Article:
Right asserted at 10:02:53
“At 10:02:53, Ruffin told the detectives, with more emphasis than his prior mention of counsel, ‘We need to talk to my lawyer or something.’ Detective Davis replied ‘Okay, we’ll talk to your lawyer, but right now you’re going to jail … and you’re not going to get a bond … ,’ whereupon the detectives exited the interview room, clearly indicating that they understood that Ruffin had unambiguously invoked his right to counsel.
“Further, when Detective Walsh reentered the interview room, he instructed Ruffin not to respond to his comments because Ruffin had requested his attorney. Later, Davis pointed out to Ruffin that that when a suspect asks for a lawyer, detectives are required to stop talking to him.
“The Court finds that the detectives clearly acknowledged by their actions and statements that Ruffin had asked for an attorney before any further interrogation.
“Based on the circumstances, the Court finds that Ruffin unequivocally invoked his right to counsel at 10:02:53.”
“At 10:03:53, after Ruffin had invoked his right to counsel, Detective Walsh reentered the interview room. Without any prompting, Ruffin initially made some brief comments, including that he was ‘about to come talk to [the detectives].’ At 10:04:06, after Walsh clearly stated that the detectives were not going to continue asking about the murder related to Ruffin’s arrest and that Ruffin should not respond, Walsh began talking about two other murders that he was ‘looking at putting on [Ruffin].’ …
“The Court finds that Ruffin’s initial unprompted statement to Detective Walsh – upon Walsh’s reentry – did not constitute interrogation and therefore is admissible. … The Court also finds that, under the circumstances, Ruffin’s initial statement did not constitute a sufficient subsequent waiver of his right to counsel. …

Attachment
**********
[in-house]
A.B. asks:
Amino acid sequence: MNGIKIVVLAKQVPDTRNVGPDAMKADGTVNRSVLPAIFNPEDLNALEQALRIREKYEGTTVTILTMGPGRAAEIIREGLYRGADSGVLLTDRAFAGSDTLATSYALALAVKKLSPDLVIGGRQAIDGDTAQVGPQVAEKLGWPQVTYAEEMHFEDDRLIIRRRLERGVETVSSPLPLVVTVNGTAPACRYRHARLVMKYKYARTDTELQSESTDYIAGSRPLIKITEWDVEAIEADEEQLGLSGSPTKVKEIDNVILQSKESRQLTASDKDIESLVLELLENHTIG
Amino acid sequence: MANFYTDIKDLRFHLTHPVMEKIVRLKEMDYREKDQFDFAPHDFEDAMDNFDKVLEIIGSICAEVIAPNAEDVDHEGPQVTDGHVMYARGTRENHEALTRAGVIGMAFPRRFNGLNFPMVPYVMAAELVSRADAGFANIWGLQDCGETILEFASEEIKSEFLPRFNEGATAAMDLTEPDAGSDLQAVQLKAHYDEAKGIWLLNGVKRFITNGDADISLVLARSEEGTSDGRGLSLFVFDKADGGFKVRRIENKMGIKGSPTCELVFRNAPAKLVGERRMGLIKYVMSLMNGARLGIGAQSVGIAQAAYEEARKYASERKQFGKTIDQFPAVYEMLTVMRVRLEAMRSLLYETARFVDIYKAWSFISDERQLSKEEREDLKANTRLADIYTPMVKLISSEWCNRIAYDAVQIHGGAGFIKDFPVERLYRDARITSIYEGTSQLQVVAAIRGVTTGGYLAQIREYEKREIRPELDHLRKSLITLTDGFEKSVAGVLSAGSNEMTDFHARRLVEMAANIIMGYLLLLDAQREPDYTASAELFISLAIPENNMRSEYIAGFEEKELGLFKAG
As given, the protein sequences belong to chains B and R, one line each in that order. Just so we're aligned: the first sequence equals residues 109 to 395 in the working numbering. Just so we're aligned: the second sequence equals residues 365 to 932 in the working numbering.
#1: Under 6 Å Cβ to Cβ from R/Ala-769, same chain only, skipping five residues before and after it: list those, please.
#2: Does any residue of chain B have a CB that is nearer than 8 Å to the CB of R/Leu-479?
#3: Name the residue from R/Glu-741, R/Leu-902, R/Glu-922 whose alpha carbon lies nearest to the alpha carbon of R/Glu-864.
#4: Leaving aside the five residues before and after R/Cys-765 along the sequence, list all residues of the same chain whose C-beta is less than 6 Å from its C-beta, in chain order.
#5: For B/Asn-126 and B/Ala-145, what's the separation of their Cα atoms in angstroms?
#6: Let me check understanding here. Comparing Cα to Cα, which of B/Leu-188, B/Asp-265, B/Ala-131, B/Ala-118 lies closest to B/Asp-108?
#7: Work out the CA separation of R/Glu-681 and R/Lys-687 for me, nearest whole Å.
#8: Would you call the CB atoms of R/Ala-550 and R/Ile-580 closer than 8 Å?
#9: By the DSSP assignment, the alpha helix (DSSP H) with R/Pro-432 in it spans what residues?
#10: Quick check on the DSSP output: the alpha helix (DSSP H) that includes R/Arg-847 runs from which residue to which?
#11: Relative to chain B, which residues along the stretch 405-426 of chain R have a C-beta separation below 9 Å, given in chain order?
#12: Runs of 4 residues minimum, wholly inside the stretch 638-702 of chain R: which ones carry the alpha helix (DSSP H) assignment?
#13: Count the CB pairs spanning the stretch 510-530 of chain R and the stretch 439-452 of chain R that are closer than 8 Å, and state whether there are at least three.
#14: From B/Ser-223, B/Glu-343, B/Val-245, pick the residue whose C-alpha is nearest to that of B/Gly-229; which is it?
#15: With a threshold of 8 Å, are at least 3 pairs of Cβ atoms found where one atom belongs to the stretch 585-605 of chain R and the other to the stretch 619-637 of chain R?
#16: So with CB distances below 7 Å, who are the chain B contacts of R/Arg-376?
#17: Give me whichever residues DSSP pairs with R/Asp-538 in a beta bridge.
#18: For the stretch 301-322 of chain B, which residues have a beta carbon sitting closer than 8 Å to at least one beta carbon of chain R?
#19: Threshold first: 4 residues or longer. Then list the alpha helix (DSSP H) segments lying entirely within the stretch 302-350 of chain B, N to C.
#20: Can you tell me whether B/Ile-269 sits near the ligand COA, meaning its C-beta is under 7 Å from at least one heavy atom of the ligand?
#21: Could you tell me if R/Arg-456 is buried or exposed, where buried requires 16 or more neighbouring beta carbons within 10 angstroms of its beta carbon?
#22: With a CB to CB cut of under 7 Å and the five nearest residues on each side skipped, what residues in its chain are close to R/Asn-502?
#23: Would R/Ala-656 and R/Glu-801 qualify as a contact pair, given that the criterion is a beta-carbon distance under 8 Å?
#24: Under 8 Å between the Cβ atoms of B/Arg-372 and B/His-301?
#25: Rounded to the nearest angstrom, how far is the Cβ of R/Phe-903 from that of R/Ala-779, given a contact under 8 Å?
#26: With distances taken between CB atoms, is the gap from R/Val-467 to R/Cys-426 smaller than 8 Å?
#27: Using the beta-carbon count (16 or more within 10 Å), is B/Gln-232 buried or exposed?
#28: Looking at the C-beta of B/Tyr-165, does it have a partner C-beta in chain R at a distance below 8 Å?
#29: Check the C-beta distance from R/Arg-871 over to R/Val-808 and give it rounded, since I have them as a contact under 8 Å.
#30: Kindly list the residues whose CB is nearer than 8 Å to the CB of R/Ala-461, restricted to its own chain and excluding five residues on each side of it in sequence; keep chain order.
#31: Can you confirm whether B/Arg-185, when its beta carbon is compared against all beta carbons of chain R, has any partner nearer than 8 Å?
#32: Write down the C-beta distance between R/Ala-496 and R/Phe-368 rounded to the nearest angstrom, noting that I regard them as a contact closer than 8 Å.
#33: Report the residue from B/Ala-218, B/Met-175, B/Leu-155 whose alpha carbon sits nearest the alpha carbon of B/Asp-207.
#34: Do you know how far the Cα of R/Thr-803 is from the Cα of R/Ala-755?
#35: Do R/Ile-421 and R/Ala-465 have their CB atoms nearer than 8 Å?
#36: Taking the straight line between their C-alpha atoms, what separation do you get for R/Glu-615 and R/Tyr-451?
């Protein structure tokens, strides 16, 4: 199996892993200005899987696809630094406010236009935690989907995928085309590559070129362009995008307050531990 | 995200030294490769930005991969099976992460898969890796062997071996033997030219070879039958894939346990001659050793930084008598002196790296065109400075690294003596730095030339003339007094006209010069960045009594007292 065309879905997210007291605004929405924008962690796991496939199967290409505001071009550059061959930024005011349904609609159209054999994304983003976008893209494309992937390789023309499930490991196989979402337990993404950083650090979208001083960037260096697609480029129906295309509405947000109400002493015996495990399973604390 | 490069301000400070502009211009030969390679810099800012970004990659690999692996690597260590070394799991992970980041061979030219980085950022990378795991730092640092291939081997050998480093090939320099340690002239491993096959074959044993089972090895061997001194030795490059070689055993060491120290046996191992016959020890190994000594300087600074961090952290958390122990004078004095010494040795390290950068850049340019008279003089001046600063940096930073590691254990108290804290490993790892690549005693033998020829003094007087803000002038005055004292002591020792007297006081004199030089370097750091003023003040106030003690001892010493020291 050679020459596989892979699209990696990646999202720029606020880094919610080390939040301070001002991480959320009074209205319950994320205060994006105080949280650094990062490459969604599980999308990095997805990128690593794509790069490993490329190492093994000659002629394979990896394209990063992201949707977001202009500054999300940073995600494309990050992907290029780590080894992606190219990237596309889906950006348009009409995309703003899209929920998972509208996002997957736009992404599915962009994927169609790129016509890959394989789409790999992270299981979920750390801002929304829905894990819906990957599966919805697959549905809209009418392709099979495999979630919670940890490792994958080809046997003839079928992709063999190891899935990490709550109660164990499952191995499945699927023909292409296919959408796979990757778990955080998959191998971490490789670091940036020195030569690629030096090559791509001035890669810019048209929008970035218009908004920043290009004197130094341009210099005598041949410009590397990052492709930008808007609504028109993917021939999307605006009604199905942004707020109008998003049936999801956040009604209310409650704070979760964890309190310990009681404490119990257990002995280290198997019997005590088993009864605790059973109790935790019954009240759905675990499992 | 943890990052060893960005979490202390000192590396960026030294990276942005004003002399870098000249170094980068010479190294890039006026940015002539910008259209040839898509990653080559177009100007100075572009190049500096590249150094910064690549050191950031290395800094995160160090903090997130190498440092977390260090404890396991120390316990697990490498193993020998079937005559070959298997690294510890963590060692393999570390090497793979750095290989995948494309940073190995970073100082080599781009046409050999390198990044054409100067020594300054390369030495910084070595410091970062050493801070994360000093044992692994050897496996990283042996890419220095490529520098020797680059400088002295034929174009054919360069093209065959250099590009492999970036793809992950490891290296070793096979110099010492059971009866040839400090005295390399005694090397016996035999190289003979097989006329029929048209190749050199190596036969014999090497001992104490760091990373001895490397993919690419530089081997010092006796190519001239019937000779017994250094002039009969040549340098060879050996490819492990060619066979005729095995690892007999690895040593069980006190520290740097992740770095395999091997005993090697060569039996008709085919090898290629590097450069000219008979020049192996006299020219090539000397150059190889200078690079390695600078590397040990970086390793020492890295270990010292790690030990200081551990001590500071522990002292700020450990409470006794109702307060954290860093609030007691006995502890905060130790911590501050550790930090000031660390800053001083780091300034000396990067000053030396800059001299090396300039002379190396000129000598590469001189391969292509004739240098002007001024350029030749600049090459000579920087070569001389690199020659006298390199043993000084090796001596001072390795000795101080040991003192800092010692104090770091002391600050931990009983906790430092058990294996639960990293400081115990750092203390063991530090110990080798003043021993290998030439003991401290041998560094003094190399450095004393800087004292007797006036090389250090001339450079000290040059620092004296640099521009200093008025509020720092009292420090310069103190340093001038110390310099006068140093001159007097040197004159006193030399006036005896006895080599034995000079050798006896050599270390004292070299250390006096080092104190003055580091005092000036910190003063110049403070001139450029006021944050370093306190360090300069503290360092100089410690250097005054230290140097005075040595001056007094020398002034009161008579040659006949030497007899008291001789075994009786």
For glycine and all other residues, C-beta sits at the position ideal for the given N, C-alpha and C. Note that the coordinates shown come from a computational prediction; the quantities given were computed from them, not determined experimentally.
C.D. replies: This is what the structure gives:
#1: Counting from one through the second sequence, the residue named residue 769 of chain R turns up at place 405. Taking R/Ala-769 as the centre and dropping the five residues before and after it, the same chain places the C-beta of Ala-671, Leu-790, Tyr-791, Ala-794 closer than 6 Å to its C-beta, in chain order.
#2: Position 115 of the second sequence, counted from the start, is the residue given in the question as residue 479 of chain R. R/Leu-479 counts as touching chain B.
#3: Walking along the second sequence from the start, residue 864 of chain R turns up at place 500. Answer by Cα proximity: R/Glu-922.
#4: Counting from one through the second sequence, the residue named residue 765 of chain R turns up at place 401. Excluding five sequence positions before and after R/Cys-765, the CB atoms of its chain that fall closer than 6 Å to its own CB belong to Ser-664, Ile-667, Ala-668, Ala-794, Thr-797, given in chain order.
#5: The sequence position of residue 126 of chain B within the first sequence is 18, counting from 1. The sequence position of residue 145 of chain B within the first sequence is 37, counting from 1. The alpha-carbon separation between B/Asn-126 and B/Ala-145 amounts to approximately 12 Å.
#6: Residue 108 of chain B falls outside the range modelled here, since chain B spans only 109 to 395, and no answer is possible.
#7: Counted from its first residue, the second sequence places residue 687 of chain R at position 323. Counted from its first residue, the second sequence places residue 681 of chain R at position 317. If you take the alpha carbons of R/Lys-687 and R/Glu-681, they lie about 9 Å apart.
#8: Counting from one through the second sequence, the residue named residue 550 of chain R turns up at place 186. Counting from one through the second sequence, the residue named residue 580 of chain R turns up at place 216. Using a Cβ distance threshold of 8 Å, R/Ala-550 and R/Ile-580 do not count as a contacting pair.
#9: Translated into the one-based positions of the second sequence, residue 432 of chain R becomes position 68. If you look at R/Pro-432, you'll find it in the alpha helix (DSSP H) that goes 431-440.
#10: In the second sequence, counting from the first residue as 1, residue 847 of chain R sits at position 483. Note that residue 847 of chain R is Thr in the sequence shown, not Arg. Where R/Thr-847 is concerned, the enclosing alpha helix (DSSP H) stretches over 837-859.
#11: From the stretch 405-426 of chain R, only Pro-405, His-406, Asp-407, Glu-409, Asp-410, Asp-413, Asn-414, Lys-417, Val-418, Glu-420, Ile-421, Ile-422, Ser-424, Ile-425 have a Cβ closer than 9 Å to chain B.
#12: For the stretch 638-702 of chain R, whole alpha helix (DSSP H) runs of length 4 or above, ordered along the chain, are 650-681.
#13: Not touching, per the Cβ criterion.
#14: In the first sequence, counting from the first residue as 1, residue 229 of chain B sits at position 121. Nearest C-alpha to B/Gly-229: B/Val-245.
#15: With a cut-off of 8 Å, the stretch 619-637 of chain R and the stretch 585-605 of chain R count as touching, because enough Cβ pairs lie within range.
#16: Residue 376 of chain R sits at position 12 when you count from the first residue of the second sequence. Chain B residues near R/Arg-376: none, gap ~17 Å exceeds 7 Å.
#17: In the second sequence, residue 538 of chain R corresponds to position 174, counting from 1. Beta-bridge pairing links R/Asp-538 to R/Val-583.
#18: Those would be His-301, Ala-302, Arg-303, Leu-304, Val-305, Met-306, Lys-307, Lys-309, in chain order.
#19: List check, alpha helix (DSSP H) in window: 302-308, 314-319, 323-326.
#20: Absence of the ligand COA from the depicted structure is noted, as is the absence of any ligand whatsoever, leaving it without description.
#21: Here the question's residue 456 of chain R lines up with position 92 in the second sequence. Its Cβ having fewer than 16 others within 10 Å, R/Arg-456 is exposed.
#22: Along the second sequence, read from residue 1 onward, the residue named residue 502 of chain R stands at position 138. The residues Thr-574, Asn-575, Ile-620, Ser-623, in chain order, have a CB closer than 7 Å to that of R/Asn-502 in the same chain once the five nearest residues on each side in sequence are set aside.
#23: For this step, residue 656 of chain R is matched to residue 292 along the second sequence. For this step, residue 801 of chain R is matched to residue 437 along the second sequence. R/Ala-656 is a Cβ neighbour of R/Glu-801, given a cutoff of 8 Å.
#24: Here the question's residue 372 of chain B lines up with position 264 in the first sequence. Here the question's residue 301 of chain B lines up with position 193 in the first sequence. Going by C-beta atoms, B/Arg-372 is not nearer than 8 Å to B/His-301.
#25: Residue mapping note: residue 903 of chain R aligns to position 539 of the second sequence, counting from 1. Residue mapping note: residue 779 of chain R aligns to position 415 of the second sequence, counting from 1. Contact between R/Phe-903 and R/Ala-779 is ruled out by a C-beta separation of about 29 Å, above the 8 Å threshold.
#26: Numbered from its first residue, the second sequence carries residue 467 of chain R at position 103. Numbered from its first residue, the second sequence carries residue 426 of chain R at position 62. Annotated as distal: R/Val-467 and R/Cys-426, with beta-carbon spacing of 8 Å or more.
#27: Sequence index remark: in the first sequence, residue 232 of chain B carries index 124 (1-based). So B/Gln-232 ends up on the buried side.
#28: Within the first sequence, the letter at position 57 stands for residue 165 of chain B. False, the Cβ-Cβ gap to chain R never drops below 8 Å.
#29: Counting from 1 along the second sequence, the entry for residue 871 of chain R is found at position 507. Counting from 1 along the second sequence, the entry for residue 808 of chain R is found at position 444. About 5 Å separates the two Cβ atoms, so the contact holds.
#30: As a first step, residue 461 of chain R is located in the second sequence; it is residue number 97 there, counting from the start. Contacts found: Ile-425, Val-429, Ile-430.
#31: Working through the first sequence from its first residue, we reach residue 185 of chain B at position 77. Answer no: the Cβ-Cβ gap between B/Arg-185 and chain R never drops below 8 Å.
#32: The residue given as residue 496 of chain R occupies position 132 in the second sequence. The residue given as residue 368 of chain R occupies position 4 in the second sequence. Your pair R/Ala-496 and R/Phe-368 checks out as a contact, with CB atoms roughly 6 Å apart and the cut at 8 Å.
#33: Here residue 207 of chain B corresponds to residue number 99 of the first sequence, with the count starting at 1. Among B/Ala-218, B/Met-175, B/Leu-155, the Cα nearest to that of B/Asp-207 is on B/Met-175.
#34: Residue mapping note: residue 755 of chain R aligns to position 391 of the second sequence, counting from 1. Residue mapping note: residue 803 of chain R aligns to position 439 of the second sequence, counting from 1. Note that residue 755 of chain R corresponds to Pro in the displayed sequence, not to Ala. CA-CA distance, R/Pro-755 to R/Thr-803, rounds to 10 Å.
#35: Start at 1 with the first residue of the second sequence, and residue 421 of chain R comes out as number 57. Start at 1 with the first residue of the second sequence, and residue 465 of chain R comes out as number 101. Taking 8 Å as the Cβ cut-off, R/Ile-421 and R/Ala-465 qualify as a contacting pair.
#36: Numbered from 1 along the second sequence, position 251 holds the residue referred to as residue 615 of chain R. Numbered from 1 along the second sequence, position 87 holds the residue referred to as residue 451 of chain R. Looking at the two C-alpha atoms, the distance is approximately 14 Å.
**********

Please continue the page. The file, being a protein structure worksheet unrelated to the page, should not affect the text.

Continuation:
“Although Detective Walsh asked no direct questions of Ruffin about these other crimes, the Court finds that Walsh was nevertheless interrogating Ruffin. Interrogation includes ‘any words or actions on the part of [law enforcement] (other than those normally attendant to arrest and custody) that [law enforcement] should know are reasonably likely to elicit an incriminating response from the suspect.’ …
“Under the circumstances present here, the Court finds that there was no reason for Walsh to reenter the interview room to speak to Ruffin about the additional murders other than to alarm Ruffin and coerce him into making incriminating statements. …
“After Ruffin declared that he would speak to the detectives without a lawyer at 10:07:53 and Detective Davis inquired about the sincerity of his decision, Ruffin told the detectives that he chose to speak with them ‘because [Detective Walsh] said three murders, right, and I want to know what’s going on.’
“This answer clearly implies that Ruffin reinitiated contact with the detectives to find out about the additional two murders that Walsh had mentioned. …
“Hence, any statements made by Ruffin after the detectives subsequently reinterrogated Ruffin after 10:07:53 must be suppressed.”
The motion to suppress is granted in part and denied in part.
Commonwealth v. Ruffin, Record No. CR22-187-00/0l; CR22-380-00/01, Nov. 10, 2022. City of Norfolk Circuit Court (Lannetti). Michelle Newkirk for the commonwealth; Eric Korslund for defendant. VLW 022-8-075, 7 pp.